State lawmakers could strip Florida virtual school access from district franchises

A handful of influential education bills are currently before the Florida Legislature, including one that could change the future of virtual learning in the state.

State lawmakers are considering a proposal this would prevent school districts from franchising the Florida Virtual School program.

As part of the House education budget, districts would be required to pay more for FLVS Global content — or find other sources for virtual classes, which are mandatory for all students.

JoAnne Glenn is the founder and director of Pasco eSchool.

She said her school offers 78 classes and another 152 through Florida Virtual School. The proposal could dramatically increase the cost of a virtual class in Florida from $50 per student to $220 per student, Glenn said.

The school is working on contingency plans, but it said “the prospect of developing the other two-thirds (of courses) in four months is a bit daunting”.

She added that the change would put Pasco and other school districts in a tough spot.

“We are still required to offer virtual instruction,” she said. “And one of the most cost-effective and powerful tools in the toolbox is being retired. That will leave districts scrambling to get it in place for the next school year.”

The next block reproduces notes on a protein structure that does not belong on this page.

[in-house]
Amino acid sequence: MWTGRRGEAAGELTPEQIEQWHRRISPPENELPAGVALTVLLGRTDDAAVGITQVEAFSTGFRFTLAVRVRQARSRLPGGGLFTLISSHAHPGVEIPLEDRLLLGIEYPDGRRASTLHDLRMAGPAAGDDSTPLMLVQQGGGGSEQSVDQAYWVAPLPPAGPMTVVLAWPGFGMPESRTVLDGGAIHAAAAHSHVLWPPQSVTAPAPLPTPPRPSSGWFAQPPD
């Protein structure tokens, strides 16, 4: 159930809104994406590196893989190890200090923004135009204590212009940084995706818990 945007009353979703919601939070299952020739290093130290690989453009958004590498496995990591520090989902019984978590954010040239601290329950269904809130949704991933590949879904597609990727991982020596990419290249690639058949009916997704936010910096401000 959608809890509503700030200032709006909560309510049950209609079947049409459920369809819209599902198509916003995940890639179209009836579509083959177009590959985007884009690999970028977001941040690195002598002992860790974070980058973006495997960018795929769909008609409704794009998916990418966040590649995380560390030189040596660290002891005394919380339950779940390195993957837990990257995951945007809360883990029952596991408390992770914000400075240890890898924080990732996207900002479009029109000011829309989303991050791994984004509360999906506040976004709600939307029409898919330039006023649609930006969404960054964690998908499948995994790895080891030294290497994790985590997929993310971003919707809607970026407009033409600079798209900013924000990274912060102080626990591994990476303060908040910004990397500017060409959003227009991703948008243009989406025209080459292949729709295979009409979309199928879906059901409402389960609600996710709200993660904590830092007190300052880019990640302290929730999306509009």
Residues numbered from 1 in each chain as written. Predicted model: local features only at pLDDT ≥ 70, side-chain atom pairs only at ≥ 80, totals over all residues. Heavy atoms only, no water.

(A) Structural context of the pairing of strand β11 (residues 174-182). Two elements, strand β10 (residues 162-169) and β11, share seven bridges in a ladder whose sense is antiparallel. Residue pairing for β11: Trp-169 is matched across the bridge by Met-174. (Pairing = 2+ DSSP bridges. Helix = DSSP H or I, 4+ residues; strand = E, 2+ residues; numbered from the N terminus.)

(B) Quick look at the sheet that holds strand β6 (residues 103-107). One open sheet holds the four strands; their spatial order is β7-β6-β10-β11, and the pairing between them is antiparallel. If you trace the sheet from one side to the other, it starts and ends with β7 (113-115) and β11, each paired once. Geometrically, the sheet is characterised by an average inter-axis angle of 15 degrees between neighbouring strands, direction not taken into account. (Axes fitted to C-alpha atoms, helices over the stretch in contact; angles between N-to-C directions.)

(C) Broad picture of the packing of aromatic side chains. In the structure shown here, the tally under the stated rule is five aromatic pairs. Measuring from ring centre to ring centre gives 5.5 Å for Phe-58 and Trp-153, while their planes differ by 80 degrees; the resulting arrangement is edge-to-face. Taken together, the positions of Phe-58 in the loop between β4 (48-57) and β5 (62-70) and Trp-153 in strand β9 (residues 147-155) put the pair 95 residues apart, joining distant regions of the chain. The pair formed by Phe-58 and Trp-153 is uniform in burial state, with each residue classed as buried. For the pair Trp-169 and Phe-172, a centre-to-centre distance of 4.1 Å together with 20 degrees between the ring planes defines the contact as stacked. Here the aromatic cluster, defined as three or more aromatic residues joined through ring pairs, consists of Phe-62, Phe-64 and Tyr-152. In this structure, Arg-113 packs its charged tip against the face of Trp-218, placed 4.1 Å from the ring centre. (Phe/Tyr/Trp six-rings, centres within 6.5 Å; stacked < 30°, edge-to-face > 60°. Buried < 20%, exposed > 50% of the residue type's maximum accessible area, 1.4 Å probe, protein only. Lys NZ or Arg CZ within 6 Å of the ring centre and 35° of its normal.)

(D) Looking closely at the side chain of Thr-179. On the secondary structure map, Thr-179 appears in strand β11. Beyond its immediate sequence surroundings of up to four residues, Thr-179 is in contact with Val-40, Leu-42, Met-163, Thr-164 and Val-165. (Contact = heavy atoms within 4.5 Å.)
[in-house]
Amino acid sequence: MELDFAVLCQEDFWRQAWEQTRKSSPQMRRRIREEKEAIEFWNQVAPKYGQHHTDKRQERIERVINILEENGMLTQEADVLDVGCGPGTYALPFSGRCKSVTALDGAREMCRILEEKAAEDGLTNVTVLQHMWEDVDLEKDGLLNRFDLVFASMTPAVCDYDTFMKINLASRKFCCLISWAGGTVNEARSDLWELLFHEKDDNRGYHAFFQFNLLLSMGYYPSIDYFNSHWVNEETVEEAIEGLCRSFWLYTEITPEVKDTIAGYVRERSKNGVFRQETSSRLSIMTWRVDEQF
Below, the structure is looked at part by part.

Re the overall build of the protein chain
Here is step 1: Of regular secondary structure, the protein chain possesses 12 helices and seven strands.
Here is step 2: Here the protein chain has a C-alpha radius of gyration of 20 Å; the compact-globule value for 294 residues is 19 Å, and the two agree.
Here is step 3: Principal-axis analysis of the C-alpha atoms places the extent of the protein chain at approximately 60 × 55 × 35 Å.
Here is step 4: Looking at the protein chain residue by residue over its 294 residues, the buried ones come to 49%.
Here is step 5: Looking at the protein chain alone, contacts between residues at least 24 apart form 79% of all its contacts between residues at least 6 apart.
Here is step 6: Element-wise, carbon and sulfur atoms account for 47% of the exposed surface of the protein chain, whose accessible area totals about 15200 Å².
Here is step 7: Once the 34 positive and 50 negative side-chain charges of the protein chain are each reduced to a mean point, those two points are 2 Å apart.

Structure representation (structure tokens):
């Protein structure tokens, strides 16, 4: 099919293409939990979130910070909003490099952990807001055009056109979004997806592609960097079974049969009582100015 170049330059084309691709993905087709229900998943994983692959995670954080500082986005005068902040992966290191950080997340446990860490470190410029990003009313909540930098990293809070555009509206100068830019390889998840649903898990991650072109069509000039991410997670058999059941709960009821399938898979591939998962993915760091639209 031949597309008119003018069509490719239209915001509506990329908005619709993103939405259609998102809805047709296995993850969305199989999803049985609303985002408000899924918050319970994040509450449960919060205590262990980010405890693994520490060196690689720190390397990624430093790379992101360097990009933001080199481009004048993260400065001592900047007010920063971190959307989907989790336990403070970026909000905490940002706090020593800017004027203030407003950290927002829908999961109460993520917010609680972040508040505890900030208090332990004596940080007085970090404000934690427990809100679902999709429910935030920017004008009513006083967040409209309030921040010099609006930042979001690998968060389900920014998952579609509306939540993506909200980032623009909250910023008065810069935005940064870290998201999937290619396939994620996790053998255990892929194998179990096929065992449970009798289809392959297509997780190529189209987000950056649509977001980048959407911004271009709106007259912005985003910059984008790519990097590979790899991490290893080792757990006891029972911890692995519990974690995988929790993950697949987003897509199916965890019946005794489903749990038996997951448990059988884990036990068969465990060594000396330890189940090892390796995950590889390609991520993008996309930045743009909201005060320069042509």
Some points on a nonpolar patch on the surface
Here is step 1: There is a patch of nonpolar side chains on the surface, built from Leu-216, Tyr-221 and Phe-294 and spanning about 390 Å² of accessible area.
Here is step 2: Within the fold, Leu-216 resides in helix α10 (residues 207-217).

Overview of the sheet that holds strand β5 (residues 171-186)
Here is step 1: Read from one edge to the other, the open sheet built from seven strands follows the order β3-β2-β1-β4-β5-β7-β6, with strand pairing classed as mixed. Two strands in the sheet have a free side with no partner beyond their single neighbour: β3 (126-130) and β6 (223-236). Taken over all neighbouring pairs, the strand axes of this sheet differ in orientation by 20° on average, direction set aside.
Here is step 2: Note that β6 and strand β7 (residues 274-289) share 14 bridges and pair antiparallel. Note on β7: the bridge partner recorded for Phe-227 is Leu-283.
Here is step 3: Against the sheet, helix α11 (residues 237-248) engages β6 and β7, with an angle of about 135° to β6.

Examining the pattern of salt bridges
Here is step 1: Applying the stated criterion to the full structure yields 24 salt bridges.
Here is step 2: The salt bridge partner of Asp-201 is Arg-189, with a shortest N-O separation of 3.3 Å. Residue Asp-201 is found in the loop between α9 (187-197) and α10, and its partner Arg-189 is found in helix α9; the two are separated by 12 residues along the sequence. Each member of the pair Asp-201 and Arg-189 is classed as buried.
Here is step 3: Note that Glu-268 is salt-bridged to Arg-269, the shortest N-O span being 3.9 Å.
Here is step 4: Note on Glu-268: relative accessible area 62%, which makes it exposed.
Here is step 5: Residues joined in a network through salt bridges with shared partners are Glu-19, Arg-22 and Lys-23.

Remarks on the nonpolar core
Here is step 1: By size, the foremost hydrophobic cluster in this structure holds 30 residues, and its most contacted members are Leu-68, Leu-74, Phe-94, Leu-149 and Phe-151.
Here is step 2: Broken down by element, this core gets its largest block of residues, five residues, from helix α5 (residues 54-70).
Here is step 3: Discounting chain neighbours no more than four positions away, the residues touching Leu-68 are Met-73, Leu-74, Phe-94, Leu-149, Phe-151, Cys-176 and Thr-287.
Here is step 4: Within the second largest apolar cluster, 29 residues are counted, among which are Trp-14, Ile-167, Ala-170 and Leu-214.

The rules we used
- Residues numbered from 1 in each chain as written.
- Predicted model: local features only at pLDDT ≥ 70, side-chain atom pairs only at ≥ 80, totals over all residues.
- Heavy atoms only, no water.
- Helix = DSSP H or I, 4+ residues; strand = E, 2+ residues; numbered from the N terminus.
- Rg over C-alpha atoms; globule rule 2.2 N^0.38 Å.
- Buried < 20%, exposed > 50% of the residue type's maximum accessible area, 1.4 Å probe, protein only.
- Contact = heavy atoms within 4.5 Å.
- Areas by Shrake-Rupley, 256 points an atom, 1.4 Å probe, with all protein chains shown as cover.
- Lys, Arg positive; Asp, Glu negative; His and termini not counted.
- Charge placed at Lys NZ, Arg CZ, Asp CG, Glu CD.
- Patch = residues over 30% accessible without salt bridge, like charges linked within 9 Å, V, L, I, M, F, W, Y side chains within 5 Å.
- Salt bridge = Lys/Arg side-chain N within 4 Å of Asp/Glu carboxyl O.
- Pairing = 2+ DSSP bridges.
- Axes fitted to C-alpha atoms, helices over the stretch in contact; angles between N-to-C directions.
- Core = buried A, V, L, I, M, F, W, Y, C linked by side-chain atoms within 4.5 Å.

The author of the proposal, Randy Fine, a Republican representative from Palm Bay, said the program was expensive. Not only does the state pay Florida Virtual School for the classes, but the districts also receive money for their virtual classes.

Florida high school students must complete a virtual course before they can graduate. Currently, these courses are available through Florida Virtual School — and district-run franchises.

Glenn, who opened the Pasco program in 2009, said the proposal could force franchises like his to pay more for Florida Virtual Global content, or look elsewhere for replacement materials.

“It’s unfair and frustrating as a leader who kind of has this historical perspective to see what comes down to someone who comes to a traditional school and kind of like the Grinch who breaks in and pulls out all the textbooks and all the whiteboards and everything,” she says.

That could lead to districts offering fewer classes, forcing students to take the larger but more crowded statewide curriculum.

“I’m concerned that if more enrollment is funneled to Florida Virtual School which already struggles to meet demand at times, we could see children denied placement or whose academic progress is delayed by being stuck on a waiting list.”

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